6 Rings: the true story of the Chicago Bulls dynasty


1996 Bulls GOAT

Twenty years ago, the dynasty ended.

The Chicago Bulls of Michael Jordan, Scottie Pippen and Phil Jackson won six championships in eight seasons and reshaped the NBA forever.

My latest story celebrates their final game together, Game 6 of the 1998 NBA Finals, and completes (for now, I guess) an ongoing series of pieces that I have written over the past 13 years on what was easily my favorite era as a sports fan.

Here, all together, are those pieces about “YOUR World Champion Chicago Bulls!”

I will never get tired of hearing that.

1991: Learning the Hard Way — Jordan’s Bulls vs. the Bad Boy Pistons

Written in 2005 for Bear Down and Get Some Runs: A Year in the Life of a Chicago Sports Fan

Excerpt: Even as a youth, I knew what was happening. I felt the pain of those three seasons, the growing pains that come with watching a young team make mistakes, and the pain of watching that team get beat up year after year by the same group of guys. The Pistons were men. The Bulls were children. The Pistons were evil but strong. The Bulls were good but weak. Exaserbating the bitterness and making it all more overwhelming was our childhood friendship with Aaron Wightman, Pistons fan. (His family was from Michigan.)

And even though he was an incredibly nice kid who never once rubbed it in our noses, we all knew he had something over us. My friends and I would come together to watch the Bulls and Pistons battle, and at the end of it all Aaron was smiling while we were silent. The rivalry dominated my childhood. Nothing else was close. Aaron wasn’t a bragger, but with us, he did not have to be.

It was understood that no matter what happened with the Bears and Lions, Blackhawks and Red Wings, or Cubs, White Sox, and Tigers, and no matter what happened when we played our own games at the school yard or in our backyards, nothing else mattered but this: Aaron rooted for the Pistons, we rooted for the Bulls, the Pistons dominated the Bulls, and there was nothing we could do about it.






1993: Determined to win — the story of the 1993 Chicago Bulls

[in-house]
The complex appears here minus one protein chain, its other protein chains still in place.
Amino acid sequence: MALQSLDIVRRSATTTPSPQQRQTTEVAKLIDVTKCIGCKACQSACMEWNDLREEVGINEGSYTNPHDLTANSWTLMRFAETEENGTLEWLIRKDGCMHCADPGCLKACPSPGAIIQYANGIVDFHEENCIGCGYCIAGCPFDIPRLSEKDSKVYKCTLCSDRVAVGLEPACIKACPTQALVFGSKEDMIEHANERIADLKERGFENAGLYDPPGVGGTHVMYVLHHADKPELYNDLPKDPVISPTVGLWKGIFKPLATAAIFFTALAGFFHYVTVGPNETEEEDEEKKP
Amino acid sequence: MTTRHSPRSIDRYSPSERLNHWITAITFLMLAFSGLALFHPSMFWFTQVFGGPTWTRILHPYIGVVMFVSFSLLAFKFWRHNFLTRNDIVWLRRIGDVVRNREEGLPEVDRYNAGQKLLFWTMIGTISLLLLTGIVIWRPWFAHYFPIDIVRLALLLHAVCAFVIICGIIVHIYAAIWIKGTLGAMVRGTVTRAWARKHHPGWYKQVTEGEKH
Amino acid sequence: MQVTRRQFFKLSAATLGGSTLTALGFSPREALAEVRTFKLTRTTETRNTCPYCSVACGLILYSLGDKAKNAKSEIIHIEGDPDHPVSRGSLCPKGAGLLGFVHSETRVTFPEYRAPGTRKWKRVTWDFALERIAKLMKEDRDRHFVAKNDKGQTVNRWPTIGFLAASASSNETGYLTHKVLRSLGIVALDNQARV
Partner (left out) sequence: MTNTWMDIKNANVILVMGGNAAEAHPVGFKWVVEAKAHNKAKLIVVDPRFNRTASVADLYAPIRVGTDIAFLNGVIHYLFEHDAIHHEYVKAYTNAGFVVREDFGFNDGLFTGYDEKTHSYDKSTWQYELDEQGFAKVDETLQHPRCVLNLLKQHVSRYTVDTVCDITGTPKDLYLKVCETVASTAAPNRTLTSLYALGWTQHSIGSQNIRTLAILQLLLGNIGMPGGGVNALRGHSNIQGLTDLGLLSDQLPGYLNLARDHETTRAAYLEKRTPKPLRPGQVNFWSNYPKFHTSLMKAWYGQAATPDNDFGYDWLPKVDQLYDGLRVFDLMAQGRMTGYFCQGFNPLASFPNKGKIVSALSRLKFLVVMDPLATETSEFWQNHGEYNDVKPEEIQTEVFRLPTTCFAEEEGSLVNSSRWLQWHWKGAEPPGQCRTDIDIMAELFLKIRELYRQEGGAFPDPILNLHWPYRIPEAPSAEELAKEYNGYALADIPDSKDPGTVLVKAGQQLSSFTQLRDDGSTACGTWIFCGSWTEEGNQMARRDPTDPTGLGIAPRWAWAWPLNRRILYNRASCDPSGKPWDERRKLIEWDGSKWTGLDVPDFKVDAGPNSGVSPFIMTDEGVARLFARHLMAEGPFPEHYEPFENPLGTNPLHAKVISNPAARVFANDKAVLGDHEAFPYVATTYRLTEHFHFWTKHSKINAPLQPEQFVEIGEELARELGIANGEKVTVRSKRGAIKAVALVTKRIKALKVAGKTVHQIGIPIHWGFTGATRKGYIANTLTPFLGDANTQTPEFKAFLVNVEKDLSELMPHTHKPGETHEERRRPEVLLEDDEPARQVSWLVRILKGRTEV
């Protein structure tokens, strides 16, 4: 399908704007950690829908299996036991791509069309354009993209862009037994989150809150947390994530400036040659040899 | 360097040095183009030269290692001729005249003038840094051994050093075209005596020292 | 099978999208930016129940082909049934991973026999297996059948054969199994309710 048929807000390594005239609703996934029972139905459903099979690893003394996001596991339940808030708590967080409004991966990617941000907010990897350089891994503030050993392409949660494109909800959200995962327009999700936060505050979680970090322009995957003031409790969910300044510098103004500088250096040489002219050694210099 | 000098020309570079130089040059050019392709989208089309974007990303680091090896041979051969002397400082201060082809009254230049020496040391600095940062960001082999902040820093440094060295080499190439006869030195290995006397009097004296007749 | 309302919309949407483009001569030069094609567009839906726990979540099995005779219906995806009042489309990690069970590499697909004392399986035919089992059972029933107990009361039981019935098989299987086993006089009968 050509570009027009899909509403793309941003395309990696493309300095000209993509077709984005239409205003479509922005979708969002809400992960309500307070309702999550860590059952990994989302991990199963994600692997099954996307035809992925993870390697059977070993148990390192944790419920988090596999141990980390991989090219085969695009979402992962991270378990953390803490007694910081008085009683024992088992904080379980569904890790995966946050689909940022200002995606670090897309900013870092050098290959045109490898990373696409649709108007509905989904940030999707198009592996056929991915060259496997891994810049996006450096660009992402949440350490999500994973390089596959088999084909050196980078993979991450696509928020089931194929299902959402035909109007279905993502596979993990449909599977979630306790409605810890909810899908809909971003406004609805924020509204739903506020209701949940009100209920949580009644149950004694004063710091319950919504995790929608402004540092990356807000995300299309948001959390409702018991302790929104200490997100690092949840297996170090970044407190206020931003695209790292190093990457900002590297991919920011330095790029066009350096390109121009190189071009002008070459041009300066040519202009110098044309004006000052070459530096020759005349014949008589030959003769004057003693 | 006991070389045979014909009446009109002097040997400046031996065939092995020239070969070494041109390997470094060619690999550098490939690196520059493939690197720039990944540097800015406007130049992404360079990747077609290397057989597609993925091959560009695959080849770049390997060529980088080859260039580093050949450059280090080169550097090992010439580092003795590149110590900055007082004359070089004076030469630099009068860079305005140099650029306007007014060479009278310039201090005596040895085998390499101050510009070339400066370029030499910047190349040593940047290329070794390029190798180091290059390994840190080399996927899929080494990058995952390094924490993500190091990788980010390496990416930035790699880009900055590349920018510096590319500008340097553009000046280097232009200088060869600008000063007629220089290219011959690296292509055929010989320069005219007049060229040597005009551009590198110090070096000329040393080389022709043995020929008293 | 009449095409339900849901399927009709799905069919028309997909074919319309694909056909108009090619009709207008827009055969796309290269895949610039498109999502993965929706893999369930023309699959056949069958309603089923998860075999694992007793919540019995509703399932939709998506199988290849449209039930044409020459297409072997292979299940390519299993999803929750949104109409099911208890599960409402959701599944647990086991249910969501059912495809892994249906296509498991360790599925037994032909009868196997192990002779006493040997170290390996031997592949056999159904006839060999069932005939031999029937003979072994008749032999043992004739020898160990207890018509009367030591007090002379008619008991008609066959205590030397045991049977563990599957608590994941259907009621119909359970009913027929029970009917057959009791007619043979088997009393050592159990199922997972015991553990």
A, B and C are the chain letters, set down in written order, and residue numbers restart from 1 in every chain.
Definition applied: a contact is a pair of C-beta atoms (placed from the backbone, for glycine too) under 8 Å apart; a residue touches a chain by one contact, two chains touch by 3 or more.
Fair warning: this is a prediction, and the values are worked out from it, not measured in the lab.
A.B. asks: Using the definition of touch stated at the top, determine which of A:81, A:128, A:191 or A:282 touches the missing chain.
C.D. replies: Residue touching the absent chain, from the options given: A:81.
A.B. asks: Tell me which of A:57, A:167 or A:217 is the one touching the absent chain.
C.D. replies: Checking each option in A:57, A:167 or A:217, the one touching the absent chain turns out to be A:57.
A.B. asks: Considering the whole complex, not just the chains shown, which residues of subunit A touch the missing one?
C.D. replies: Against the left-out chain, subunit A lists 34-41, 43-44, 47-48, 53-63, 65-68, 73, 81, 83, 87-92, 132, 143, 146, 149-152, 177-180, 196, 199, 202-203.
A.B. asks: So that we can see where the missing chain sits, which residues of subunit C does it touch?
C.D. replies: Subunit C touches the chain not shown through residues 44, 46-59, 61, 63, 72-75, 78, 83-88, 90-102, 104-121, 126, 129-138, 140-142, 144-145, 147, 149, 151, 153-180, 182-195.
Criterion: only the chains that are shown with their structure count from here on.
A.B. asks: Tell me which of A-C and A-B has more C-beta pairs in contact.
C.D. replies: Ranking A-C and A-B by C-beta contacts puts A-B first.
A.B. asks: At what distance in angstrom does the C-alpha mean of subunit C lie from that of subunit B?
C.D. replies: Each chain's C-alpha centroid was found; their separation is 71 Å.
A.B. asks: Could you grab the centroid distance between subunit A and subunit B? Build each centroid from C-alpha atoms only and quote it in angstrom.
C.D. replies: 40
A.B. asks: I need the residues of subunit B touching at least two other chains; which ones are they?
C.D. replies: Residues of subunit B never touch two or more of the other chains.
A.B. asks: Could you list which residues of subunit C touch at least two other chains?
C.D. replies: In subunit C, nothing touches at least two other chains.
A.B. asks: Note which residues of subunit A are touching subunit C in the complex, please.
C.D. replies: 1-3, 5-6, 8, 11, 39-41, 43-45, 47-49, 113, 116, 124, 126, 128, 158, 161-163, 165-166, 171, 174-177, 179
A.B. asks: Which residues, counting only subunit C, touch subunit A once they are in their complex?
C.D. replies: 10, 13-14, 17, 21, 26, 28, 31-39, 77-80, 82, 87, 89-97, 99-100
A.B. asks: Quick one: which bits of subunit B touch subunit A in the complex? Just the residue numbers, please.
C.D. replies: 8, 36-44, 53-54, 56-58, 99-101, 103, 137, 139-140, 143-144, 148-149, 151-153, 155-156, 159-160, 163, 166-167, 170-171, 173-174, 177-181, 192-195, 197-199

Written in 2005 for Bear Down and Get Some Runs: A Year in the Life of a Chicago Sports Fan

Excerpt: Marv Albert had the call. Classic. Bulls-Knicks and Marv, his voice ringing in my head: “The Knicks down by one with the ball.” (Doc Rivers brings the ball up and passes to Starks, who works on Jordan on the right side.) “Starks, played by Jordan. Ewing out to set a pick.” (Starks pumps on a shot, comes down, and then goes up for one before Jordan’s arms flash out, forcing the guard to dish to Ewing.) “Here’s Starks…changed his mind…” (Ewing with the ball at the top of the key, working on Stacey King…) “Plenty of time on the shot clock, down to ten, Ewing, for Smith…”

And here’s where it gets cool. Ewing stumbles, flinging a pass underneath to Charles Smith, and just as he corrals it and begins to go up for a shot, the organ music at the Garden stops. It just stops. It was as if the organ player at MSG knew what was coming.




1994: Moving on — The tale of Scottie Pippen’s 1994 Chicago Bulls

Written in 2005 for Bear Down and Get Some Runs: A Year in the Life of a Chicago Sports Fan

Excerpt: The 1993-94 season promised to be an interesting one, with lots of questions to be answered. Could the Bulls win four in a row? Would MJ be the same after a difficult 1993 postseason in which the press came down hard on him for gambling, and after the horrible murder of his father? Would the team be burned out in another bid for a title? How would the “Croatian Sensation” Toni Kukoc fit in with Jordan, Pippen, Grant, and the rest of the team?